Diorama
Sannergata 25, 0557 Oslo, Norway
Open Saturdays 12 — 4 pm & by appointment
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10 Exhibition A 025: Jakob Weidemann


09 Exhibition Y 003: Multiples


08 Exhibition Y 009: International Photography & Conceptual Art


07 Calle Segelberg: Logo till 30-åriga kriget

Across the street from Diorama is a thai massage parlour. It was suggested that Calle and I should have our meeting there. The staff at Thai SPA & Aroma Ltd had first been reluctant when we asked them to set up two massage benches in the same room. Apparantly their service menu didn’t cater to couples. But they had complied in the end, likely concluding that it could prove a fiscally fertile strategy to bend their services to the requests of their neighbours.

Echoing massage benches, Calle Segelberg’s large scale paintings for his exhibition at Diorama carry the frontal imprints of bodies. Not real bodies. Their narrow shoulders, spherical heads and thick arms and legs without joints, make ‘logo-bodies’ seem a more apt description. If they had faces they’d be smiling to sell you something. Their symmetrical poses too, bring to mind the kind of visuals that are made by graphic designers to communicate an organsiation or firm’s underlying ethos. Thai SPA & Aroma Ltd’s sign display no such stylized figure. In the usual vein of small businesses with little to no money to float towards professional designers, they have settled for a more indistinct and homemade visual profile: an ornate purple font and a series of close-ups of elated women, signalling an atmosphere of relaxation, cleanliness and subtle eroticism.

Less in need of wearing the nature of their business on their sleeve, Diorama has opted to keep the window sign left behind by the former proprietor: a laundry service. Large white vinyl lettering spell out services no longer rendered. Unlike Diorama’s spurious window decorum, Calle’s paintings, spread over a newly erected wall on the obverse side of Diorama’s facade, do aspire to the status of a logo, at least according to the title of his exhibition, Logo til 30-åriga kriget (logo for the Thirty Years War). Contrasting the logo-ish appearance of his figures, his bland tempera doused canvases, however, evince little of the iconographic distinctiveness we associate with commercial visuals. Instead of coming forward to greet us, his figures fall back and are eaten through with background noise. The edge-to-edge grid of meticulously applied dots over which his featureless bodies hover — while Calle tells me this his back is being kneaded by lithe hands — were initially conceived as a means to simply fill the canvas. The people came later.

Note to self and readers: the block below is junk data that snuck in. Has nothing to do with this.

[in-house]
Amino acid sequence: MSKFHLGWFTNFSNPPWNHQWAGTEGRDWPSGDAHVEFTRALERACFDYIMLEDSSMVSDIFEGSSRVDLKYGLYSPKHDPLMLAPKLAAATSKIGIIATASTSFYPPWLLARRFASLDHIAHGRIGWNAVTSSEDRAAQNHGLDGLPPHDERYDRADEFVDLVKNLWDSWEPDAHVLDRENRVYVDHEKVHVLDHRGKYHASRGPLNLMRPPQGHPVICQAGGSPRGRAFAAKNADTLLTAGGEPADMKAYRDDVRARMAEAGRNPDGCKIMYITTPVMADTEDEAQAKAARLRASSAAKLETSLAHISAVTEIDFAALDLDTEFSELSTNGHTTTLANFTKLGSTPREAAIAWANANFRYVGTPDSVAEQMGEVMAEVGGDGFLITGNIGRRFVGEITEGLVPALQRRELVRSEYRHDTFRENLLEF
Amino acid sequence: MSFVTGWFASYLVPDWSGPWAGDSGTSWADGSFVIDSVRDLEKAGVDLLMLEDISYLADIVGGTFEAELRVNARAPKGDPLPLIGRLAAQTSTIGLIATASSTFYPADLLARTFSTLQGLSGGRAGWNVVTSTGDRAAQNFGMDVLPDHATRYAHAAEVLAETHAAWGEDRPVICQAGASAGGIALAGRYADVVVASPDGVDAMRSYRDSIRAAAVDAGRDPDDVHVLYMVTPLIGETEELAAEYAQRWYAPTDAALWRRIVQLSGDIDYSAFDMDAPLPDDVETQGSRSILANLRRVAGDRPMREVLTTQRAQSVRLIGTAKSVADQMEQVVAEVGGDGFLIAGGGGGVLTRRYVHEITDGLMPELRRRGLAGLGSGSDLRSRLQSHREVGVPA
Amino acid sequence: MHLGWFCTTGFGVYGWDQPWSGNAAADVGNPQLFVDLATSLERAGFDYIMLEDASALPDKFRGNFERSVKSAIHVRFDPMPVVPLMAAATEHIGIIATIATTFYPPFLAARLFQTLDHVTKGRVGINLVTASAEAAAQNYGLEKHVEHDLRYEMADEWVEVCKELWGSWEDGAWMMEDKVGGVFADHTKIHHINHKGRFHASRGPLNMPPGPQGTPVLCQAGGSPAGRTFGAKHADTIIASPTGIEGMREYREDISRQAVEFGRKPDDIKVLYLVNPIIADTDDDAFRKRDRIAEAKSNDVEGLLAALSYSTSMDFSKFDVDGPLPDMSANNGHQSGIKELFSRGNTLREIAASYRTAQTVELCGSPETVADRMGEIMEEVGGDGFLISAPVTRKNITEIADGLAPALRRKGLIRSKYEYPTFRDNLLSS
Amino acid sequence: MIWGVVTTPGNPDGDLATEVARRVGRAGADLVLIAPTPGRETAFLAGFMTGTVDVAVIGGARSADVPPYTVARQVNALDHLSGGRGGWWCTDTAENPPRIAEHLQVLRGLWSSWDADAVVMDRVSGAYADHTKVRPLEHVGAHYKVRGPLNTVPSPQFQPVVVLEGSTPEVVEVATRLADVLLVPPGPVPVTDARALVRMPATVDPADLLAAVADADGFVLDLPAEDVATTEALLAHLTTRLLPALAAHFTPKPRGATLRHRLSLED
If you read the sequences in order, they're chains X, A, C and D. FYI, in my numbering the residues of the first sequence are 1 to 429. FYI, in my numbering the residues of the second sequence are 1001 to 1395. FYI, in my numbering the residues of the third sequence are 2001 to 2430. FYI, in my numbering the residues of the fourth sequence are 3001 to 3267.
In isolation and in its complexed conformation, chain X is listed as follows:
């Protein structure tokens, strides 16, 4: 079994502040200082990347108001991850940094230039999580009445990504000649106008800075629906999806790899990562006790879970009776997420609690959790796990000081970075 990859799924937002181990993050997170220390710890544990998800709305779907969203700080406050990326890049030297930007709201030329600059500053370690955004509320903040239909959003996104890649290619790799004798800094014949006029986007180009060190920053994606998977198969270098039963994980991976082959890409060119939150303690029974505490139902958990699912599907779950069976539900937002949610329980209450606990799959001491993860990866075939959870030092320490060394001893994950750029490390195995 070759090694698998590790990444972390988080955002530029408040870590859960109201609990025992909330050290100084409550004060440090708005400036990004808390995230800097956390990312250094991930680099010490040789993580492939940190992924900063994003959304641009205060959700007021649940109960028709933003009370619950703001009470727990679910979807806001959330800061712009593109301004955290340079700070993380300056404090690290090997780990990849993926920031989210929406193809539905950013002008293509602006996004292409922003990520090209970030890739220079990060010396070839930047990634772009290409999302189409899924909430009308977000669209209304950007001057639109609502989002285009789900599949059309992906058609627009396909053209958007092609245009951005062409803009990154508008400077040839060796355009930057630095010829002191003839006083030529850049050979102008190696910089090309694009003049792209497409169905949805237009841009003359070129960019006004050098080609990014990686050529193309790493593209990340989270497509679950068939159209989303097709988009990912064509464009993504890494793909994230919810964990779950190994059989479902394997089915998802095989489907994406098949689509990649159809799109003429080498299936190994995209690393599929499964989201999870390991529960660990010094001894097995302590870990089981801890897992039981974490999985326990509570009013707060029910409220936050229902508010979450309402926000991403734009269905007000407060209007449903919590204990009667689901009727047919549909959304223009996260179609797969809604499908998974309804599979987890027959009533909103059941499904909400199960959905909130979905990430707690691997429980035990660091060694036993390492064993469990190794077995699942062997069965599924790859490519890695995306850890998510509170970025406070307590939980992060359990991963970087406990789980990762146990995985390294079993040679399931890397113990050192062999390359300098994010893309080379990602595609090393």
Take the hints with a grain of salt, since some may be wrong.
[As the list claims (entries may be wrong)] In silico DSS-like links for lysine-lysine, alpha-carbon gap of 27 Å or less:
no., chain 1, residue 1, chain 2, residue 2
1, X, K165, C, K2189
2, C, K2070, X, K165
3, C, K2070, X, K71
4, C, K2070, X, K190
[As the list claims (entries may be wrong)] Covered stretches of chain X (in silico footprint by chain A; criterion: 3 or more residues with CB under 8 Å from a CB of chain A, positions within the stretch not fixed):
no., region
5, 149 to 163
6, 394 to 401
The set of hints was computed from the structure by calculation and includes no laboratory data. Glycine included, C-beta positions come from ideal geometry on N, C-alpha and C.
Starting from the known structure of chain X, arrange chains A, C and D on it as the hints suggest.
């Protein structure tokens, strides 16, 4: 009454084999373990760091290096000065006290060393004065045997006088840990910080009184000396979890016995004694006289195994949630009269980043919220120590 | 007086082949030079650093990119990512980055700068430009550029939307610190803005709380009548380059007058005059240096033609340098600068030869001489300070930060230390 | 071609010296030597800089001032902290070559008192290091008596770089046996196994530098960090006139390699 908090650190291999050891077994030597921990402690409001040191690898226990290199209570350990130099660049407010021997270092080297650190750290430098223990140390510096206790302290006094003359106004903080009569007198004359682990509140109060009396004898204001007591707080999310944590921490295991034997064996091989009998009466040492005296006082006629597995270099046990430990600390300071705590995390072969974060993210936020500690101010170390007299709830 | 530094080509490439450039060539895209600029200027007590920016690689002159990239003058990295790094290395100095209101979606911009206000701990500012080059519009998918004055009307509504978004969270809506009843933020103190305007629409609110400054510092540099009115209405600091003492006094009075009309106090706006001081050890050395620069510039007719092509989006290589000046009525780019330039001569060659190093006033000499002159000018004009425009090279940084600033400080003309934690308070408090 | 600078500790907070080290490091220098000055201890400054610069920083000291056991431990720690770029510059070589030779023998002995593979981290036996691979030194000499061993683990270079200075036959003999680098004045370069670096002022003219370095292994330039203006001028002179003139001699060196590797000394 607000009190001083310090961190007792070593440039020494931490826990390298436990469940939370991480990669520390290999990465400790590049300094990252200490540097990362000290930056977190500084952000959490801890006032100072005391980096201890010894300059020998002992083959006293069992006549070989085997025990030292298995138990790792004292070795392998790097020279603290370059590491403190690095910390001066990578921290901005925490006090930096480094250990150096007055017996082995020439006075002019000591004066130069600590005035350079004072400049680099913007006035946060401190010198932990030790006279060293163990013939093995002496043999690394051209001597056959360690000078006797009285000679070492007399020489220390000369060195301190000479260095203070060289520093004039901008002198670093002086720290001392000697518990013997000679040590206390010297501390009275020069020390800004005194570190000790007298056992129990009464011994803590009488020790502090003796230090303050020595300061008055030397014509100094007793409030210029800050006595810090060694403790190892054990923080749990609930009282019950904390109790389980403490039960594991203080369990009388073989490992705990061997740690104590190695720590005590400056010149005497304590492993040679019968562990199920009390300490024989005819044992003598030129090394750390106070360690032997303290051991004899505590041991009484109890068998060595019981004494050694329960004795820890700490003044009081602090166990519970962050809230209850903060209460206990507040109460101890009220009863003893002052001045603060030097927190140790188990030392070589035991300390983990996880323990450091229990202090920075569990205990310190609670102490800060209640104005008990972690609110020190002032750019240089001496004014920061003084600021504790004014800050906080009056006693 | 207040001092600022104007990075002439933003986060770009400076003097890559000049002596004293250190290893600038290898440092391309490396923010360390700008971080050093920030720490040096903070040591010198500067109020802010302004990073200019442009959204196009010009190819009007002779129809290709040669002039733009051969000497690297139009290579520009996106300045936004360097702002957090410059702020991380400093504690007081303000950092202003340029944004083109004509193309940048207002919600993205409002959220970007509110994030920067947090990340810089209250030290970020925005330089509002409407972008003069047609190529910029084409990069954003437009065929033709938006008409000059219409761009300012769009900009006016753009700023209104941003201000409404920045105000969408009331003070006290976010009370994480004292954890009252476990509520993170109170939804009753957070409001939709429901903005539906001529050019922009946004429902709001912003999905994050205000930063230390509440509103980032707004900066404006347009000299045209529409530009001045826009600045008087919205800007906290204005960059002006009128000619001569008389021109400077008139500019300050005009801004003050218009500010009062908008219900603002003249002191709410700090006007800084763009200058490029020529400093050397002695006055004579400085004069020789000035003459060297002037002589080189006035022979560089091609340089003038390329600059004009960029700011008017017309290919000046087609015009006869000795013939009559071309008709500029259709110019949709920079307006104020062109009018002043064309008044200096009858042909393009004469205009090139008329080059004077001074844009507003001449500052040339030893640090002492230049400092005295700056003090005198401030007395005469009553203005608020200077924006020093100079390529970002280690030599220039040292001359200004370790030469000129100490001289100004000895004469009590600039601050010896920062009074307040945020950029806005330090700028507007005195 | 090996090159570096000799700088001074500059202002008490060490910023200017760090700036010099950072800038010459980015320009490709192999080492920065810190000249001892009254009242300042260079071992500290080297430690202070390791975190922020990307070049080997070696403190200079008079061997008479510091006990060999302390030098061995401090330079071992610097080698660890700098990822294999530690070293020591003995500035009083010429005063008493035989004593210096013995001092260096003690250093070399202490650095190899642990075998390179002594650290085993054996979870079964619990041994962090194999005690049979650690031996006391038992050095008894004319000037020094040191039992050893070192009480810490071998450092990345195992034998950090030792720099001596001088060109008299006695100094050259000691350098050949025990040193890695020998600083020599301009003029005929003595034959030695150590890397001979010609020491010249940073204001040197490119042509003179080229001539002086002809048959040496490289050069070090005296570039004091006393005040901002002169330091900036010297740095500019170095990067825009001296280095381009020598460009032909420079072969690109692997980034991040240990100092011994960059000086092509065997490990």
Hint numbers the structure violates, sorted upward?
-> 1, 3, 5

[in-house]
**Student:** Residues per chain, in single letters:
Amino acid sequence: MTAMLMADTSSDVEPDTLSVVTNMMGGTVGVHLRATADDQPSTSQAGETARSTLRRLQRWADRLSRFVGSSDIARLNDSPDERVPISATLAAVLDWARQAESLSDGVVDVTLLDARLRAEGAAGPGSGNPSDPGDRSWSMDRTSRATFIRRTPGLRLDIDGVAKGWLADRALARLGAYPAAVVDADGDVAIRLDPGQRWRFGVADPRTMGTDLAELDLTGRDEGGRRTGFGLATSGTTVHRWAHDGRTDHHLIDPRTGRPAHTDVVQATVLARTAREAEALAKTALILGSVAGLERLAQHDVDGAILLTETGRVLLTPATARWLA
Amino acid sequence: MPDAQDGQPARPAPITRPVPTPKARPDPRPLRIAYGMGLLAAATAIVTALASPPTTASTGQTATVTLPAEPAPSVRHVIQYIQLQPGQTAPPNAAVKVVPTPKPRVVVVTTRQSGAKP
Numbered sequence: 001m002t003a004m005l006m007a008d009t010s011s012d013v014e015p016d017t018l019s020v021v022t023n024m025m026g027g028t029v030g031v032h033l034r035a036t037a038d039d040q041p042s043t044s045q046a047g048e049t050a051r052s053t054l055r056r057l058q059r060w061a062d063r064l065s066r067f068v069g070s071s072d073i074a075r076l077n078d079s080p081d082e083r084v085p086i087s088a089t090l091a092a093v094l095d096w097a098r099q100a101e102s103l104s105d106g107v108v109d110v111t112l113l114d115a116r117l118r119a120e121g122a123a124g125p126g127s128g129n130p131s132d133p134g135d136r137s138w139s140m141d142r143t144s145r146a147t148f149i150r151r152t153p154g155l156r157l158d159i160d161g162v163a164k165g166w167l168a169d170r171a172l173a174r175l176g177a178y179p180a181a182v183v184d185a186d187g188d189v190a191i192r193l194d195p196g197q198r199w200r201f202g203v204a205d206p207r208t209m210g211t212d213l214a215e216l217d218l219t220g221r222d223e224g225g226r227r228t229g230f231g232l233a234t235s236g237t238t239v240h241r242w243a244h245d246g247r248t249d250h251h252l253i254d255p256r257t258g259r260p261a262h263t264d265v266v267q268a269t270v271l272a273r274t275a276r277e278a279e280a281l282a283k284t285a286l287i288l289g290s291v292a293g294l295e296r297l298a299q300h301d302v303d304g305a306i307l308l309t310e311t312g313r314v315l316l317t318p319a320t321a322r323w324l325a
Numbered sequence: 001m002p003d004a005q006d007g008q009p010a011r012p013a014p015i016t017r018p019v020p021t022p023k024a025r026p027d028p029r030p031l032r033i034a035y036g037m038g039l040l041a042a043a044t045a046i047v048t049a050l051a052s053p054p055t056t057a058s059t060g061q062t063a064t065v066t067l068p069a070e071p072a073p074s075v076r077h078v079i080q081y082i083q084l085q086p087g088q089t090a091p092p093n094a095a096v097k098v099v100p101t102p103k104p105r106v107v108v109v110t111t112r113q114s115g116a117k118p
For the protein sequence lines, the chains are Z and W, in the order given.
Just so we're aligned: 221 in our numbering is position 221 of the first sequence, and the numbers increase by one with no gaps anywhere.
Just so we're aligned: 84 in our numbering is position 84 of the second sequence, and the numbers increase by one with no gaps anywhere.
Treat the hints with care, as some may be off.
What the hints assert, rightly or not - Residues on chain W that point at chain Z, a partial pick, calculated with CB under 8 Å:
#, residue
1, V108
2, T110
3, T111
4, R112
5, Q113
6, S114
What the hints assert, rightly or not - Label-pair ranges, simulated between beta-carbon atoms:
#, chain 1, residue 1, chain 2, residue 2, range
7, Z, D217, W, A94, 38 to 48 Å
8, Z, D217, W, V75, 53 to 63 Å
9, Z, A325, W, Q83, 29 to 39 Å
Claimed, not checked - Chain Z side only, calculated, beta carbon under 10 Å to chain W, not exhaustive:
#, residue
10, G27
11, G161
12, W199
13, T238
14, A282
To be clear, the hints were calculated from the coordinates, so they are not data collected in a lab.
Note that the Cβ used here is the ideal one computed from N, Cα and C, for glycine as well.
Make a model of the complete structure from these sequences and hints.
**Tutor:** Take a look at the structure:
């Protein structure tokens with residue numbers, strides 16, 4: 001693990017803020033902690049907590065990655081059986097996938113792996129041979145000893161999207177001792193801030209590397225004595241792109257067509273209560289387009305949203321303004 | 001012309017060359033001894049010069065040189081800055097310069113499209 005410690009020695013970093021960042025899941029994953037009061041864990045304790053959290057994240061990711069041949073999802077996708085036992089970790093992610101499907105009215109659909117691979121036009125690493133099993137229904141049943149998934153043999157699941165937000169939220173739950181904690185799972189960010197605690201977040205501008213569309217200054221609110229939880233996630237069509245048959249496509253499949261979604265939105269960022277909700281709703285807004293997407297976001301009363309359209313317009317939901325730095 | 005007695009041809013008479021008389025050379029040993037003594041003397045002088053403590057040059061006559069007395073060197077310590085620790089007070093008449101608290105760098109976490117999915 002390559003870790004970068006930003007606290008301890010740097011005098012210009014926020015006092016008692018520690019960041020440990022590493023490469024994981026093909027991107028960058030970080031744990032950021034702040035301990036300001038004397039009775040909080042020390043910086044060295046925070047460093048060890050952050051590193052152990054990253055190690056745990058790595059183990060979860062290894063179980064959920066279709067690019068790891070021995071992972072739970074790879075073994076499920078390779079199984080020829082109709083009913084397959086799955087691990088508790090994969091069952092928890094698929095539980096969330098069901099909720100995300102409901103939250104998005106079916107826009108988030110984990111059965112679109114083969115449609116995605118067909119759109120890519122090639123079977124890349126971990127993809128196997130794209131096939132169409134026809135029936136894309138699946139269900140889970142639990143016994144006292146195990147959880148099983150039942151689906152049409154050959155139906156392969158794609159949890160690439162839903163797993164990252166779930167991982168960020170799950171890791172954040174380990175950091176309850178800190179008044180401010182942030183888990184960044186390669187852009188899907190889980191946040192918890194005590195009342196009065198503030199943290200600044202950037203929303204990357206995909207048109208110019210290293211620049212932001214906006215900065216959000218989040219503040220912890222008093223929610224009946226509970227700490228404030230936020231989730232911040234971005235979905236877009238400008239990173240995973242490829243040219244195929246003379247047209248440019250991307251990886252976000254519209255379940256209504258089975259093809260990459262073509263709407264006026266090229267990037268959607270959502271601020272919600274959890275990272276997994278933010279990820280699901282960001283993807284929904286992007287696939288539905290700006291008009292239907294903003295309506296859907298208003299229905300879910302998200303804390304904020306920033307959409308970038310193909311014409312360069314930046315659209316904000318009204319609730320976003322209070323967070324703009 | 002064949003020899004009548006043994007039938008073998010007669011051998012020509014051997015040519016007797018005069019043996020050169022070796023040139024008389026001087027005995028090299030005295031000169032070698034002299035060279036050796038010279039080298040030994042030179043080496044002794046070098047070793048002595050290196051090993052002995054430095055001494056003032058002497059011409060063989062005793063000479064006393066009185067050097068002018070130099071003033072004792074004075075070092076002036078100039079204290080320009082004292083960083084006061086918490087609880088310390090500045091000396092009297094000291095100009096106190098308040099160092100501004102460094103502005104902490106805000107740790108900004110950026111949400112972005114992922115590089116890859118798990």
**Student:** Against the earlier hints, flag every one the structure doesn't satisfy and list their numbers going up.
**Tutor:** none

How to make a logo for a war — to design a figure that lends a sense of communicability to the unfathomable — is a question that echoes another question perhaps more indigenous to painting: How to make your canvas touch the world, i.e. to not only insist on being of the world as a simple materialist fact, but actually try to give shape to our experience of it. Citing Theodore Géricault’s extensive research for his seminal painting Le Radeau de la Méduse (1819), where the artist had conducted interviews with the survivors of the event that the painting was inspired by, as well as visiting morgues and hospitals to study the texture and colour of the flesh of the dying and dead, as an inspiration, Calle gave the impression that he felt sympathetic towards the painter as an agent of representation.

A need to conduct some (any?) form of research had prompted Calle to, during a longer stay in Leipzig in 2015, seek out the site where the famed battle of Breitenfeld (a turning point in the Thirty Years War) had taken place. Calle had hoped that he could forge some kind of connection to what had transpired there, to conjure a representative figure from the landscape. But standing on that indistinct field of grass next to a heavily trafficked stretch of freeway, more present to him than any historical events, or even nature, was the futility of his search for a handle on his surroundings. Fittingly, the sketches he made as he hoofed around on this field outside Leipzig, broached no connection whatsoever to either place or history, but were instead send-ups of the visual idiom of the logo: vapid forward-facing human bodies freed of belonging.

It was like with Thai SPA & Aroma Ltd’s burning of incense during our half hour massage; it registered more as hokum than as a component endemic to the otherwise professional treatment. So too had Calle’s research trip to Breitenfeld amounted to little more than a theatrical side show, a performance of ineptitude, an exotic gesture.

—Calle Segelberg: Logo till 30-åriga kriget, 16 September — 30 October, 2016


06 Sanna Helena Berger: The edge must be scalloped


05 Lise Soskolne: Bethenny


04 Nils Rundgren: The Underbidder


03 Sigmund Skard: Plommer i egget


02 Axel Ekwall: Big Sur


01 Andreas Slominski: A Hunt for Optimism